As countries are becoming increasingly connected with one each other, it is essential to study the influence multinational firms have on political outcomes in the countries where they locate. This paper examines the effects of US multinational investment on party vote shares of OECD countries. We use a measure of linguistic distance as an instrumental variable, capturing the difficulty with which US firms can readily establish their presence in host countries, for multiple multinational activity measures. Our results indicate that increased US investments result in an increase in vote shares for major political parties as well as for ideologically centrist or right leaning pro-trade parties, specifically parties of the Liberal ideology. In addition, our findings suggest that ideologically extreme, fringe parties, on the right or the left, lose vote shares in the presence of US investment. The largest negative effect is on Right Populist parties. Our results are consistent across various measures of US multinational activity as well as an alternate instrumental variable specification.
Work in progress
Terrorism and US Multinational Activity (with Alberto Ortega)
Terrorism and conflict have been shown to deter multinational firm activity due to an increased risk. In this paper, we explore the effect that US multinational firm activity has on terrorism within a host country. Increased investment from multinational corporations can expand some industries while contracting others. Thus, increased US multinational firm activity could increase goodwill towards the government while also fostering contempt. We use data on terrorist activity in 154 countries from 1997 to 2016 along with US multinational investment data from the BEA. We use a measure of linguistic distance between English and a host country’s primary language as an instrumental variable in our analysis.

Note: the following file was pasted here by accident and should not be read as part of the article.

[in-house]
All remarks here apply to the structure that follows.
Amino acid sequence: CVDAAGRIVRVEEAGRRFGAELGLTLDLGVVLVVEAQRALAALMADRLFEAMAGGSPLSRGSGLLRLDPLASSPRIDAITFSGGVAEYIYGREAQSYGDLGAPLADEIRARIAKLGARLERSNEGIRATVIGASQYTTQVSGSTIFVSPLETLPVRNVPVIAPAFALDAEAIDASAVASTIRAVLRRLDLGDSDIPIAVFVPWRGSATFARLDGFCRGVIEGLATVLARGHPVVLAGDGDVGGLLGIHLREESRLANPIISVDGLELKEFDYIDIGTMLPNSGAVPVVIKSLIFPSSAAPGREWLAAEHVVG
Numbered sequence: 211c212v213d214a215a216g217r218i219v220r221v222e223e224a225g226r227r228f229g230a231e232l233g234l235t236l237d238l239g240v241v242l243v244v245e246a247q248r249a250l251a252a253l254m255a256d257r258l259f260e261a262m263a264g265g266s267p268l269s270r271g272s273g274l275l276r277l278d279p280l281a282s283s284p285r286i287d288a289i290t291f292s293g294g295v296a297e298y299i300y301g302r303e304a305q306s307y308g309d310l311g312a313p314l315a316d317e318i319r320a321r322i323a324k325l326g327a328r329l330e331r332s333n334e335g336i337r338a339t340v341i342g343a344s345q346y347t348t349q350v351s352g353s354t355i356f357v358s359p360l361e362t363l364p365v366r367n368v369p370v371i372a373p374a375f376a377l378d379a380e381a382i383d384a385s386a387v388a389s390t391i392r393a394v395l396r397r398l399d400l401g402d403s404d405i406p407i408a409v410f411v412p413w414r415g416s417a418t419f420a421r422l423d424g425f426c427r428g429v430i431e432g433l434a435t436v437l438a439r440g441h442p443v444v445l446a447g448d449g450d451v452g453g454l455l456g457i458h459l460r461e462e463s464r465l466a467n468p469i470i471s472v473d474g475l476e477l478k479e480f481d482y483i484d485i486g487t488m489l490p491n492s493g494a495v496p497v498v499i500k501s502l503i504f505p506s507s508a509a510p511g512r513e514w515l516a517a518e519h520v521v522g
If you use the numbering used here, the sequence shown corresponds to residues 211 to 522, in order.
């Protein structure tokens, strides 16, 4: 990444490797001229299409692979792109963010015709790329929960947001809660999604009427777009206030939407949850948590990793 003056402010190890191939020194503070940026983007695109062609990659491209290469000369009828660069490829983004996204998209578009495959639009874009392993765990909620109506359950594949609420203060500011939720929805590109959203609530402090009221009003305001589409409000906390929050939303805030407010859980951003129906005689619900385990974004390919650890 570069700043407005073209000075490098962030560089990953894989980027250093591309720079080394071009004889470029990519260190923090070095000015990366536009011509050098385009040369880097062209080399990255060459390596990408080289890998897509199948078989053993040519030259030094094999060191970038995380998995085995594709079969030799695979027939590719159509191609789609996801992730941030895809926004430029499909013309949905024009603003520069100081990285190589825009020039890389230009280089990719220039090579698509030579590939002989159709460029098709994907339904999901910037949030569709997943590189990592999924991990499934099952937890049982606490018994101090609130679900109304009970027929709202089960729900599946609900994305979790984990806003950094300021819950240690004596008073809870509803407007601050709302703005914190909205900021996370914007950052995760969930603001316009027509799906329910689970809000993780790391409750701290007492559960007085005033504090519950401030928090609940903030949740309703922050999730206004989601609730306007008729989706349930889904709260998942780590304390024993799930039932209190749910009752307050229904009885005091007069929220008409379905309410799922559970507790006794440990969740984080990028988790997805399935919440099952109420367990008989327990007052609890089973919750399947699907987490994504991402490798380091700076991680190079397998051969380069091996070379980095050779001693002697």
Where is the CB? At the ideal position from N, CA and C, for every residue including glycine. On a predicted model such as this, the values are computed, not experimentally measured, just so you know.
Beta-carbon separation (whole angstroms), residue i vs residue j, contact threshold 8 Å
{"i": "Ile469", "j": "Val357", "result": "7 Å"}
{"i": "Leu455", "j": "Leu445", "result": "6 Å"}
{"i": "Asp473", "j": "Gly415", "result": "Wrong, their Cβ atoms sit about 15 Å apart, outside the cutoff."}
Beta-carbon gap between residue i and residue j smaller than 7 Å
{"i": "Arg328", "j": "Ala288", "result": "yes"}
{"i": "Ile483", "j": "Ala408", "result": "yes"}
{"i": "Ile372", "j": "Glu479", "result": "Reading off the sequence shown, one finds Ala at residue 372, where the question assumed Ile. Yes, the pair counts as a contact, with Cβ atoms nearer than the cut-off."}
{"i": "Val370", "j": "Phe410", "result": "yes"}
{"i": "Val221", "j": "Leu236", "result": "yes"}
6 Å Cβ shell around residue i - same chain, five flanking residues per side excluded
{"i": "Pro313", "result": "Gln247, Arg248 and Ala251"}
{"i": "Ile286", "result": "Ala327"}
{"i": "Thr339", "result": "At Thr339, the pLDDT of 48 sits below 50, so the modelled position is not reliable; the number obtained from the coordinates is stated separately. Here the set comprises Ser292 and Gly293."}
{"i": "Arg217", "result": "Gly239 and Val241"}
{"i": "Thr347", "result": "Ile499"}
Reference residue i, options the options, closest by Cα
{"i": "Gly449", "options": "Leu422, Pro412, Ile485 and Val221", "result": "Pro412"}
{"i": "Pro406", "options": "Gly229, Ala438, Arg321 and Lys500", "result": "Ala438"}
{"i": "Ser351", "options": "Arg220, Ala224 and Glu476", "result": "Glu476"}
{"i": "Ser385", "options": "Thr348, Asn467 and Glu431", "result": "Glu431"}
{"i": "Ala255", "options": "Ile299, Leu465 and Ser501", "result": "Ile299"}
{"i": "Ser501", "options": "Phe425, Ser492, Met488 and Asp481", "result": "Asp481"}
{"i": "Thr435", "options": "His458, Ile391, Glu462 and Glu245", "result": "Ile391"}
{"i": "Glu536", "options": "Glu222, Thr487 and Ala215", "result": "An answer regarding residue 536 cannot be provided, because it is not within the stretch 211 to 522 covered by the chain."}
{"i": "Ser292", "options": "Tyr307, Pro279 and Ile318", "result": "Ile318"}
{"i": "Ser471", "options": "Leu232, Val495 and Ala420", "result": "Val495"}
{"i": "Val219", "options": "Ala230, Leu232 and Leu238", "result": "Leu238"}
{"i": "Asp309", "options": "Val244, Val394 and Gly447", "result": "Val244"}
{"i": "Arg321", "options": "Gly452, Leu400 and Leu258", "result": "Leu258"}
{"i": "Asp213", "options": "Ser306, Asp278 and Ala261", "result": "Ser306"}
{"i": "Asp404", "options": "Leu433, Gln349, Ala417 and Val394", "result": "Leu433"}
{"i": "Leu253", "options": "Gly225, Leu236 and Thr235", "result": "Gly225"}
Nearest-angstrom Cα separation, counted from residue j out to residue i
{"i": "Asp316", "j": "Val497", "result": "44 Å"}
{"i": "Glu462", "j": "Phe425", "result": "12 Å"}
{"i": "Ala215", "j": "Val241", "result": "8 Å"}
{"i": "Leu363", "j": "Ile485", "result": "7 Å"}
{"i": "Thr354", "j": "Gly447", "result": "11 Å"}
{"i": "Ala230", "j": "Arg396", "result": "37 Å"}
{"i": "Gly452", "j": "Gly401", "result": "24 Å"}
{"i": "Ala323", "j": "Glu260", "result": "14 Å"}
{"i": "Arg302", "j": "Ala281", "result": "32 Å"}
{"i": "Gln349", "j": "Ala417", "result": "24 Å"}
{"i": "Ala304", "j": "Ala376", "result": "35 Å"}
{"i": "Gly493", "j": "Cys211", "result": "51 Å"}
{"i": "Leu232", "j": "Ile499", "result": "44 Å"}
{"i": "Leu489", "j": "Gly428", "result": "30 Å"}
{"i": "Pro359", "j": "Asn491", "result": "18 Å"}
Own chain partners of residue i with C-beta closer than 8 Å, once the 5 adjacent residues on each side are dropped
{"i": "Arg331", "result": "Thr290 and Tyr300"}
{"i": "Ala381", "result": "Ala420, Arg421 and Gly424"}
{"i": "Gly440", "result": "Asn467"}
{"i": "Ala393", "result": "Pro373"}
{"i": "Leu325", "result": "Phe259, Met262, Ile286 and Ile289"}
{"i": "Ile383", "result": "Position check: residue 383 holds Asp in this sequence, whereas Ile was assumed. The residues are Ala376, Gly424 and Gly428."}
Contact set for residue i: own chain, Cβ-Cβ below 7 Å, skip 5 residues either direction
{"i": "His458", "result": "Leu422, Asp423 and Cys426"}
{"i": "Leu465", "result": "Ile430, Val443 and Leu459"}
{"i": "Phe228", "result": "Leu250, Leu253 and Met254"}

Fragmenting Innovation: The Effect of Offshoring R&D on Welfare in a Three Country Model
Using a three-country general equilibrium model, this study determines the effect of fragmenting innovation across developed countries and developing countries as a method of protecting an innovation. As multinational firms start using more researchers from developing areas to decrease labor costs, the firm must employ strategies to prevent the imitation of new products. Multinational firms protect their innovations by fragmenting the innovation process between multiple different sites. Therefore, no one employee has access to all of the knowledge required to make the new product. In this model, firms locate research and development (R&D) tasks in their home country and also have the opportunity to locate in two other host countries. The probability of imitation decreases as firms fragment their R&D tasks; however, focusing tasks in a developing country increases the probability of imitation. The model explores the effects of a number of exogenous shifts on welfare.